Laura, Kath and Sophie battling busy work schedules and injuries to train for Cairngorms trek

Vets Now clinicians Laura Kidd, Kath Howie and Sophie Bedford are set to take on The Cateran Yomp, a gruelling 54-mile trek in 24 hours across the Cairngorm Mountains, to raise money for ABF The Soldiers’ Charity.

The challenge, which is described as “the biggest, toughest event of its kind” takes place on 8 and 9 June.

Laura Kidd, vet and clinical development advisor for Vets Now’s Cert VN ECC programme, says she decided to sign up, along with her sister Nina Mill, as they are both avid walkers and have been eager to take on a major challenge like this.

Laura explained: “I love walking and the chance to do a big walk in the Cairngorms was really appealing.”

Image of Sophie Bedford and Kath Howie for Vets Now article on clinicians' charity walk

Support Laura, Kath and Sophie

Find out more about their challenge by visiting their fundraising page.

While this will be Laura’s first big walking challenge, Kath, senior vet nurse in Farnham and Sophie, RVN in Reading, completed a 40-mile hike for charity MIND in 2017. They decided the Cateran Yomp was the perfect new test.

Kath said: “We wanted to do something that challenged us further and the Cateran Yomp met that goal! The Cairngorms are beautiful and often the scenery and comradery gets you through these endurance events.”

Sophie added: “I’ve always loved Scotland and its rugged terrain and thought this looked well organised and a slightly bigger challenge than last time.”

When the group realised they were all interested in taking part, they decided to join forces.

Laura explained: “Nina and I were both aware of this charity walk and then I saw on Facebook that Sophie and Kath were planning on doing it too. A couple of messages later and we had all signed up!”

You might also be interested in:

As well as the personal aspect of the challenge, they are all motivated by their support for ABF The Soldiers’ Charity which aims to ensure soldiers, veterans and their families avoid hardship and enjoy independence and dignity.

“I think what members of the forces do is incredible and I’m in awe of them. We are all delighted to be able to support the vision of the charity,” explained Laura.

The trio are following an intensive training plan provided by the organisers, which they must fit around their busy schedules.

Laura said: “By now we should be doing three practice walks a week (six miles, 14 miles and 20 miles) as well as cross-training, strength training and power walks. These are really helpful but hard to manage with busy work schedules – lots of early morning walks and fitness in the evenings after work and around marking/lecture prep for me.”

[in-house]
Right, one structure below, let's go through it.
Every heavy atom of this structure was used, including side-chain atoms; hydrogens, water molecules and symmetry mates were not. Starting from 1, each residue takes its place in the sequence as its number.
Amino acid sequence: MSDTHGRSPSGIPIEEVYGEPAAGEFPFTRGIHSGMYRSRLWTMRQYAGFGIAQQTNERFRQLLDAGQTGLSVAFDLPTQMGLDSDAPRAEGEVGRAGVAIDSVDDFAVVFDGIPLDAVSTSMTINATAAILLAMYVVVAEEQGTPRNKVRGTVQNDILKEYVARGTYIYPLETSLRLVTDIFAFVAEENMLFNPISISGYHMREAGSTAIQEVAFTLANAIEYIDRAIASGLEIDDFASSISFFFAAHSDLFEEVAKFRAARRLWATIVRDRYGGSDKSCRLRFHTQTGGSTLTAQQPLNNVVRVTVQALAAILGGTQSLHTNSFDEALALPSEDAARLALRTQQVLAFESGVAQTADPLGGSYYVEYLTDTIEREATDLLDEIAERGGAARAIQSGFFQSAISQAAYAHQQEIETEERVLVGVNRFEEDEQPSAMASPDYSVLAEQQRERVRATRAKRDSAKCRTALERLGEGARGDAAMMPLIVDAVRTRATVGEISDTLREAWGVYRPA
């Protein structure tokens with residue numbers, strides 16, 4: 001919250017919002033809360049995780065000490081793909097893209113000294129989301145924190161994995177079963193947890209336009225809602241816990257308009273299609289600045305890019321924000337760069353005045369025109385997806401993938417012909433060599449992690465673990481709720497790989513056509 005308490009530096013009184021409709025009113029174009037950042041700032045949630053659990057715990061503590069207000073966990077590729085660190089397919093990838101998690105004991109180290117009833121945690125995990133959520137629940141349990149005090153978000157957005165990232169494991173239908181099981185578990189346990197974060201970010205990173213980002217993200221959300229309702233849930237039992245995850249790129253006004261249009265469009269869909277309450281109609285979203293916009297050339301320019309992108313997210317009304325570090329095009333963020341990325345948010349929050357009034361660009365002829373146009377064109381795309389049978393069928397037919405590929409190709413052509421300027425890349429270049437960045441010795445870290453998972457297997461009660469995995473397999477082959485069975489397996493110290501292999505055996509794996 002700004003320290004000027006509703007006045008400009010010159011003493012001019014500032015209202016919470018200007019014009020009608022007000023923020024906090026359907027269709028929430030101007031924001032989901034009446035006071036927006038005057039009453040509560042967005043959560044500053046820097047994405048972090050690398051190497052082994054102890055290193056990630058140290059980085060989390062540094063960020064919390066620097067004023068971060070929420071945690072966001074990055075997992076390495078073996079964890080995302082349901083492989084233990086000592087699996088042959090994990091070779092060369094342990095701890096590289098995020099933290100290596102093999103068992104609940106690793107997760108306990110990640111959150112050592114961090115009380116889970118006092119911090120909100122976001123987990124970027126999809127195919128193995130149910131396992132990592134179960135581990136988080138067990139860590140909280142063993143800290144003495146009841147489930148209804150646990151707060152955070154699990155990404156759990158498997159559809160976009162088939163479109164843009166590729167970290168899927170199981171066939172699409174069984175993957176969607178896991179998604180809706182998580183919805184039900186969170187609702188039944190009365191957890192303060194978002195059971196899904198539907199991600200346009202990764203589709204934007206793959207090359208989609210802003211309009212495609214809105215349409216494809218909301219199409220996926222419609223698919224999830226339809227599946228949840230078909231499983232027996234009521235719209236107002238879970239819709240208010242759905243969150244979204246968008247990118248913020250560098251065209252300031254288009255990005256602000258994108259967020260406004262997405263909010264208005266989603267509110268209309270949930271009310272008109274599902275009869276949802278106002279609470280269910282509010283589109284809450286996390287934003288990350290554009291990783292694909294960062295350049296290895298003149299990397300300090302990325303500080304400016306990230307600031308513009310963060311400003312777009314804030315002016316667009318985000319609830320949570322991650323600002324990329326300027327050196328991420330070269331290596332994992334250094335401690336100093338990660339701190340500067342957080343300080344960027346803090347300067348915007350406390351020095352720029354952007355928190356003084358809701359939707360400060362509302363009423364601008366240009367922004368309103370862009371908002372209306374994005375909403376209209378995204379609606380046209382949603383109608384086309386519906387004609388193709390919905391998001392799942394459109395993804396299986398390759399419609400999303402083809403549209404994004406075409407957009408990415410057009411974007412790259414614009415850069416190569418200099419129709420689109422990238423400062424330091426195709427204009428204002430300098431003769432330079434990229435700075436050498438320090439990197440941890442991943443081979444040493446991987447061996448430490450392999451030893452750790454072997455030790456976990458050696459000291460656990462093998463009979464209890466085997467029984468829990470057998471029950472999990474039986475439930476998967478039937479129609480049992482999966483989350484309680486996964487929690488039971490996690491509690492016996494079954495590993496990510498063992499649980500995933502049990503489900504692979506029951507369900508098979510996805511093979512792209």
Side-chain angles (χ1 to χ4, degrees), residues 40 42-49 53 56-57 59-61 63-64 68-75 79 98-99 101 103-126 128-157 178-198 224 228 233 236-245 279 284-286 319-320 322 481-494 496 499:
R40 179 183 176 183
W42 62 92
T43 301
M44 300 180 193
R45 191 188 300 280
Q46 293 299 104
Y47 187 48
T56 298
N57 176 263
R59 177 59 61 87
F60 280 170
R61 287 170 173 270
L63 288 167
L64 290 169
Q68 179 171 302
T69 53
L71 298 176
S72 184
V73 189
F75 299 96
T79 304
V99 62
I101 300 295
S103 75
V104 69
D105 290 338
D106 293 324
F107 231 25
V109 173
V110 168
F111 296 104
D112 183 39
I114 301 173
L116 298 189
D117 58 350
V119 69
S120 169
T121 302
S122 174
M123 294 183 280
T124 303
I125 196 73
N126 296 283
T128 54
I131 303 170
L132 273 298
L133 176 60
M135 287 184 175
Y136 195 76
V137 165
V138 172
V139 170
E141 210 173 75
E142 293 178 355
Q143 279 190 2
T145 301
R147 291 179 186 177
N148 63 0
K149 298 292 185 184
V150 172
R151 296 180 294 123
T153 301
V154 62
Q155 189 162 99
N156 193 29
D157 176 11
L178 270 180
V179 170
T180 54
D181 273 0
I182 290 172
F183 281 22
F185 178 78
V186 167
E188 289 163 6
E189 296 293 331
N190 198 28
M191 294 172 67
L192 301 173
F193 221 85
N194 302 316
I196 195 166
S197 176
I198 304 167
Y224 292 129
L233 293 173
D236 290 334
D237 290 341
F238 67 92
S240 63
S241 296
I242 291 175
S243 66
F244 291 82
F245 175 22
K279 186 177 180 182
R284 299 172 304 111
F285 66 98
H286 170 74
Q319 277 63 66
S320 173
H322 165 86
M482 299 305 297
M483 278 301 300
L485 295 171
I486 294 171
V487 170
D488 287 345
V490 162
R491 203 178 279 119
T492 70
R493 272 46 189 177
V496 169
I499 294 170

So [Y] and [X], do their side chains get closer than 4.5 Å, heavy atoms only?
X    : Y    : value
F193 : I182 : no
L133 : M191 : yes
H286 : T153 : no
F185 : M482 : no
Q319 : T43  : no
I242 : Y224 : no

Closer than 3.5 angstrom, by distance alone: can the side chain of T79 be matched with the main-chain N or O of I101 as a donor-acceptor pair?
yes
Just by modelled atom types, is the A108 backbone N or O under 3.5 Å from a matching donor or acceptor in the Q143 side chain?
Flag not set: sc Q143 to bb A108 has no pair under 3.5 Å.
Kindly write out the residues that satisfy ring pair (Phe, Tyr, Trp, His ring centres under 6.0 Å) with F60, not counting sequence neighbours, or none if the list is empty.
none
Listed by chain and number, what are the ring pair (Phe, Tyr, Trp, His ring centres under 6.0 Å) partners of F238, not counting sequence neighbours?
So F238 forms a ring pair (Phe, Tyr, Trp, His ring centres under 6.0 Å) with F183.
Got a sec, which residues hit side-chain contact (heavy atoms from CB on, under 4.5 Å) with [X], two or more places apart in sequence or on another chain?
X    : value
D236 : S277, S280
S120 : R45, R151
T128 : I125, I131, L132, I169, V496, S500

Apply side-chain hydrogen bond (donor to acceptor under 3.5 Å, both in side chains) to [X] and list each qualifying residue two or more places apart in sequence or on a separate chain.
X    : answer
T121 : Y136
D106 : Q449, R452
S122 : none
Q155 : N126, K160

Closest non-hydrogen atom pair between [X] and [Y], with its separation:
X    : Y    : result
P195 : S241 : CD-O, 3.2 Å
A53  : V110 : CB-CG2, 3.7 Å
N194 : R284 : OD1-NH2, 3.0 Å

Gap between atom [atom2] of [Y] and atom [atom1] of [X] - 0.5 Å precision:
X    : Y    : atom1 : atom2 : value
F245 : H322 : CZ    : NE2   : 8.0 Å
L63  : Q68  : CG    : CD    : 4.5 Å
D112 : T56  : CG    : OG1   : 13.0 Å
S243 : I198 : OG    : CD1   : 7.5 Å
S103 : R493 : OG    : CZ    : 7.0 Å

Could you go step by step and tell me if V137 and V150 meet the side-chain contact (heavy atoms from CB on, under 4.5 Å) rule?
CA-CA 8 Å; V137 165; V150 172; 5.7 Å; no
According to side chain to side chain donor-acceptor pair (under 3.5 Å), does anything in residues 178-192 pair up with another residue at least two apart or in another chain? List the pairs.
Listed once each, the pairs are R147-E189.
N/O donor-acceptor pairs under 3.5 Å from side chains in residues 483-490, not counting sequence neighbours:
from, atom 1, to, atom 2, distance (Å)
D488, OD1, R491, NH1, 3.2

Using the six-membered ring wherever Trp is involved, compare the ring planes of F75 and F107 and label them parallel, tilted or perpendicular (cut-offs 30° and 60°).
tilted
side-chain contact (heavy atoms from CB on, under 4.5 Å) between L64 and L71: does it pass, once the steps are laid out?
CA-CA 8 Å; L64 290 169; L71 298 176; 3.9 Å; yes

Sophie said: “Working nights, I’m lucky that I’m not restricted to weekends for my training walks, I take my dog on the walks so we both get some benefit.”

Kath added: “It’s challenging to fit it all in but if we succeed it will be completely worthwhile.”

As well as dealing with busy schedules, both Laura and Sophie have had to contend with aches and strains which have affected their ability to train.

Sophie is still recovering from a knee injury sustained in January, although, thankfully, she is gradually getting to grips with the weekly training regime. She is also seeing a personal trainer to help with her strength.

Laura is also suffering from knee problems after recently being bitten by a dog on both legs “not while being a vet – on a dog walk”, although she has been able to manage some long walks.

Despite understandable nerves as the date approaches, the team are ready to take on the challenge with the support of their friends and family. According to Laura “they think we’re a bit mad but they’re impressed”.

“I am very much looking forward to it – the route looks amazing,” she added. “I’m slightly nervous too. I really want to be able to complete the course and hope my knees, blisters, etc. don’t let me down.”

Sophie is currently studying for a positive psychology diploma which she hopes will get her through the tougher times. But she joked: “If that fails I know that every five to six miles there will be food, cake and tea!

“I’m also looking forward to getting a furry cuddle with my dog at the checkpoints even though he can’t do the main walk with me.”

Kath added: “It’s a huge challenge and I have not trained as much as I would like but equally, we have set our sights in completing it and that is the ultimate goal”

If you’d like to support the group in their challenge please donate on their fundraising page.